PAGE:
Seven Integrated Wildlife Zones are being introduced across South Africa to protect the country’s rhino.
Environment, Forestry and Fisheries Minister, Barbara Creecy, said by demarcating areas primarily around rhino populations, wildlife in the area and people living in and around conservation areas will be protected.
Creecy said the introduction of the Integrated Wildlife Zones, similar to the Integrated Protection Zones previously utilised within national parks and provincial reserves, sees an expansion of the effort to protect the world’s largest black and white rhino populations.
“By introducing a zoning approach, the necessary resources can be redirected to areas most in need of support. It furthermore ensures cooperation between the state and private role players and is aligned to the objectives of South Africa’s National Integrated Strategy to Combat Wildlife Trafficking,” the Minister explained.
She added that the initiative prevents borders and boundaries from inhibiting planning and the implementation of actions aimed at halting rhino poaching and the smuggling of rhino horn.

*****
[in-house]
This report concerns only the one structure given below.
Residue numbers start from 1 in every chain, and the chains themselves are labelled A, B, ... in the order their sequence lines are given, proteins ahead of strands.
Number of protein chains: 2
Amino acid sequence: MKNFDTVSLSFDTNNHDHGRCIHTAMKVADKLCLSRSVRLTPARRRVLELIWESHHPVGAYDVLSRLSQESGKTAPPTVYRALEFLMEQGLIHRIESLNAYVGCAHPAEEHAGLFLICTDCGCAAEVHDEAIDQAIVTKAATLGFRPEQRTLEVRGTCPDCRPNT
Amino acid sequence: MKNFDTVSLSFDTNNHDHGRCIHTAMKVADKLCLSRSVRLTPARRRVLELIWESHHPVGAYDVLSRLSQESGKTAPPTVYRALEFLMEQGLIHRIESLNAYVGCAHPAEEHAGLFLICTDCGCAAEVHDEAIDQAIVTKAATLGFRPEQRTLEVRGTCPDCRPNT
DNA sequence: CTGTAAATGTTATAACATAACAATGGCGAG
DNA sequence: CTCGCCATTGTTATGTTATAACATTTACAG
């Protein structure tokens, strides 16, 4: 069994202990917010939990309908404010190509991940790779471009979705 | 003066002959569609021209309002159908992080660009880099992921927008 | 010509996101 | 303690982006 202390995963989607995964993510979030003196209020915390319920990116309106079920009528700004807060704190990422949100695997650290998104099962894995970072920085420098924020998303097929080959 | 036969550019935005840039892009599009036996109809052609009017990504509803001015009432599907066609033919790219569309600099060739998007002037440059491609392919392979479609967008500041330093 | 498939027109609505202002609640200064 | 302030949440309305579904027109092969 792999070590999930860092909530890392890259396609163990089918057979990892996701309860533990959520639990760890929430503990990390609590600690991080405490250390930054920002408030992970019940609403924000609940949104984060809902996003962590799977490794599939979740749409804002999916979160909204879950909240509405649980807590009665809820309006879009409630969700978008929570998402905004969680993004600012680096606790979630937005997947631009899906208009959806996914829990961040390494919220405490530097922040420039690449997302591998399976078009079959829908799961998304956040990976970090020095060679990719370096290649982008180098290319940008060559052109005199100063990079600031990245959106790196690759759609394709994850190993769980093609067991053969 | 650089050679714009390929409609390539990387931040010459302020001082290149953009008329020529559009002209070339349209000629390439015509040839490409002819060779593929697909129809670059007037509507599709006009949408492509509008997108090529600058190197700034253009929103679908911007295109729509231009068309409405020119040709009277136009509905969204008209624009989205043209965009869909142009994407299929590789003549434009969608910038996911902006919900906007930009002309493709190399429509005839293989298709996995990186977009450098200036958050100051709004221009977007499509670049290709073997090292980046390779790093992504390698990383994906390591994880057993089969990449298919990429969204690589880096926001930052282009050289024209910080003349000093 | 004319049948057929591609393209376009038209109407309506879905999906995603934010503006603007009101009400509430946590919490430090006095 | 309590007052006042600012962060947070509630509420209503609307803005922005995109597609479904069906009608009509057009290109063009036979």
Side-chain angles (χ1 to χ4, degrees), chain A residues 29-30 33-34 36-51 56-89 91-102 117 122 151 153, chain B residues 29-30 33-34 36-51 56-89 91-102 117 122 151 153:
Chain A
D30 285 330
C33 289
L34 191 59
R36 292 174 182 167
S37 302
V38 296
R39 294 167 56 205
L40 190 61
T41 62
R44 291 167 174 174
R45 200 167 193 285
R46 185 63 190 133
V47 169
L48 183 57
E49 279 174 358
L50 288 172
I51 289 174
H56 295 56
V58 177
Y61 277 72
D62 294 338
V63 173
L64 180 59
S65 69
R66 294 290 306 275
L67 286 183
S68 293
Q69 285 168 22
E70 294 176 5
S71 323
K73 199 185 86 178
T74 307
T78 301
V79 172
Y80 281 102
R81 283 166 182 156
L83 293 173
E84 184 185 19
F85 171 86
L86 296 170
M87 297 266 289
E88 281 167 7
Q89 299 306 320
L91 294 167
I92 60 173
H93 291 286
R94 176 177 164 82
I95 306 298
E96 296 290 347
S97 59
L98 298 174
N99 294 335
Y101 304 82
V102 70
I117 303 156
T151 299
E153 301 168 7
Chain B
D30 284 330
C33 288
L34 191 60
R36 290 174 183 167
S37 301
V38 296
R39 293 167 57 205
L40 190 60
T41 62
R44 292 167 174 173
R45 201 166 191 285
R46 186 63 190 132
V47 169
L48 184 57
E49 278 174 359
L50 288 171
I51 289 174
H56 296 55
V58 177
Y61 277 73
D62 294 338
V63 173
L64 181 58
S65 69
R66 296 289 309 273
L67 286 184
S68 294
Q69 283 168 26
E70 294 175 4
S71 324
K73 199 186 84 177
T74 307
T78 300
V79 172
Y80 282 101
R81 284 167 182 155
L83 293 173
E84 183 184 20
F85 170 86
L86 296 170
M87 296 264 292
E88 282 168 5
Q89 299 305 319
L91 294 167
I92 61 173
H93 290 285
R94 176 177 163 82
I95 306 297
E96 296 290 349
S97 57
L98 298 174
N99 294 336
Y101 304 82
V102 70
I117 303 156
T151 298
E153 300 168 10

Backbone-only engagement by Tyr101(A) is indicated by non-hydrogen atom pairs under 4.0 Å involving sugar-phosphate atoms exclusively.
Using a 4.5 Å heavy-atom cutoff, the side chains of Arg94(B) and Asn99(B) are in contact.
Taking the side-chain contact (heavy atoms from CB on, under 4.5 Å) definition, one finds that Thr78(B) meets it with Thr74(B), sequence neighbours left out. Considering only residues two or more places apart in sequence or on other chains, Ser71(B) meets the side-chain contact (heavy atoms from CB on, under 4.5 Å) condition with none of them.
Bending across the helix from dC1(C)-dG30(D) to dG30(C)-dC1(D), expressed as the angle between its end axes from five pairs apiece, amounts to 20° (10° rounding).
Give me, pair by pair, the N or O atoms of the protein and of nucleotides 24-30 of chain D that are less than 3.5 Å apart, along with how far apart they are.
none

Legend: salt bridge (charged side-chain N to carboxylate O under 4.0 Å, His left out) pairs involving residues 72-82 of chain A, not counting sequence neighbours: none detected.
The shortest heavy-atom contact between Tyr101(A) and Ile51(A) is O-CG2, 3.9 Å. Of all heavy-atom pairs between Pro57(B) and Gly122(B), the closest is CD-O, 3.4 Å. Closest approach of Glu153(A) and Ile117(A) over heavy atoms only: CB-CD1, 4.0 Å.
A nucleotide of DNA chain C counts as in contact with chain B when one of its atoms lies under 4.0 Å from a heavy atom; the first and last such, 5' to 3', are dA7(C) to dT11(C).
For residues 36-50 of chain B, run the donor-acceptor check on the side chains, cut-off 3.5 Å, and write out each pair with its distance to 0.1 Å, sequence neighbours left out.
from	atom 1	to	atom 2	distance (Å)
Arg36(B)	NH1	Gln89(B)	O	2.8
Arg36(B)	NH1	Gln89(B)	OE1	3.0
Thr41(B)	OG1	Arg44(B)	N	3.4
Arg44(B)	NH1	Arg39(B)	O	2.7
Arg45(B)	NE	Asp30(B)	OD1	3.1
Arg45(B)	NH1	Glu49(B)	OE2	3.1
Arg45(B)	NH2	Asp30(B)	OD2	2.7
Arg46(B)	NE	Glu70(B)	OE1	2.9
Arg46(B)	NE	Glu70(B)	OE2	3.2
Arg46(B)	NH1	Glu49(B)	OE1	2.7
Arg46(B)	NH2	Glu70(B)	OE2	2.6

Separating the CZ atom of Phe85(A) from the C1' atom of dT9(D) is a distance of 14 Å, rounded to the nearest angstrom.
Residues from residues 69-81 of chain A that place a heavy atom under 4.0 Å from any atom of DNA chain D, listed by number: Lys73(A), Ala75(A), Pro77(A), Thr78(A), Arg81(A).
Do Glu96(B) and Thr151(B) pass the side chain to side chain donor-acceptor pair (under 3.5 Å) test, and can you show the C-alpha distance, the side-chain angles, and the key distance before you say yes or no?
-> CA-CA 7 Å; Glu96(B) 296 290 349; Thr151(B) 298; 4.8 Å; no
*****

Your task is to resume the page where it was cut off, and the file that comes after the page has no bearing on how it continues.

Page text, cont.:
“The concept is based on multi-party cooperation, but will ensure the use of appropriate technologies to ensure surveillance, early warning and detection — all in an effort to become more pro-active.”
As the country joins the globe in celebrating World Rhino Day 2020, Creecy has applauded the coming together of key role-players who have joined the national government in their fight against rhino poaching through the utilisation of new and tested technologies.
The Wildlife Zone initiative is supported by the Peace Parks Foundation with funding from the US Department of State Bureau of International Narcotics and Law Enforcement Affairs, the Dutch, Swedish and UK People’s Postcode Lotteries.
The Minister said the department is proud to partner with Peace Parks Foundation and all government and non-governmental organisations that will be involved in this important initiative.
“Despite the marked decrease in rhino poaching during the Covid-19 national lockdown, government’s target remains an end to rhino poaching. As a key member of the iconic Big Five, we hope that as our provincial borders open, more people will be able to travel to our national parks and other conservation areas to experience first-hand our natural heritage and see these ancient animals in the wild,” the Minister said.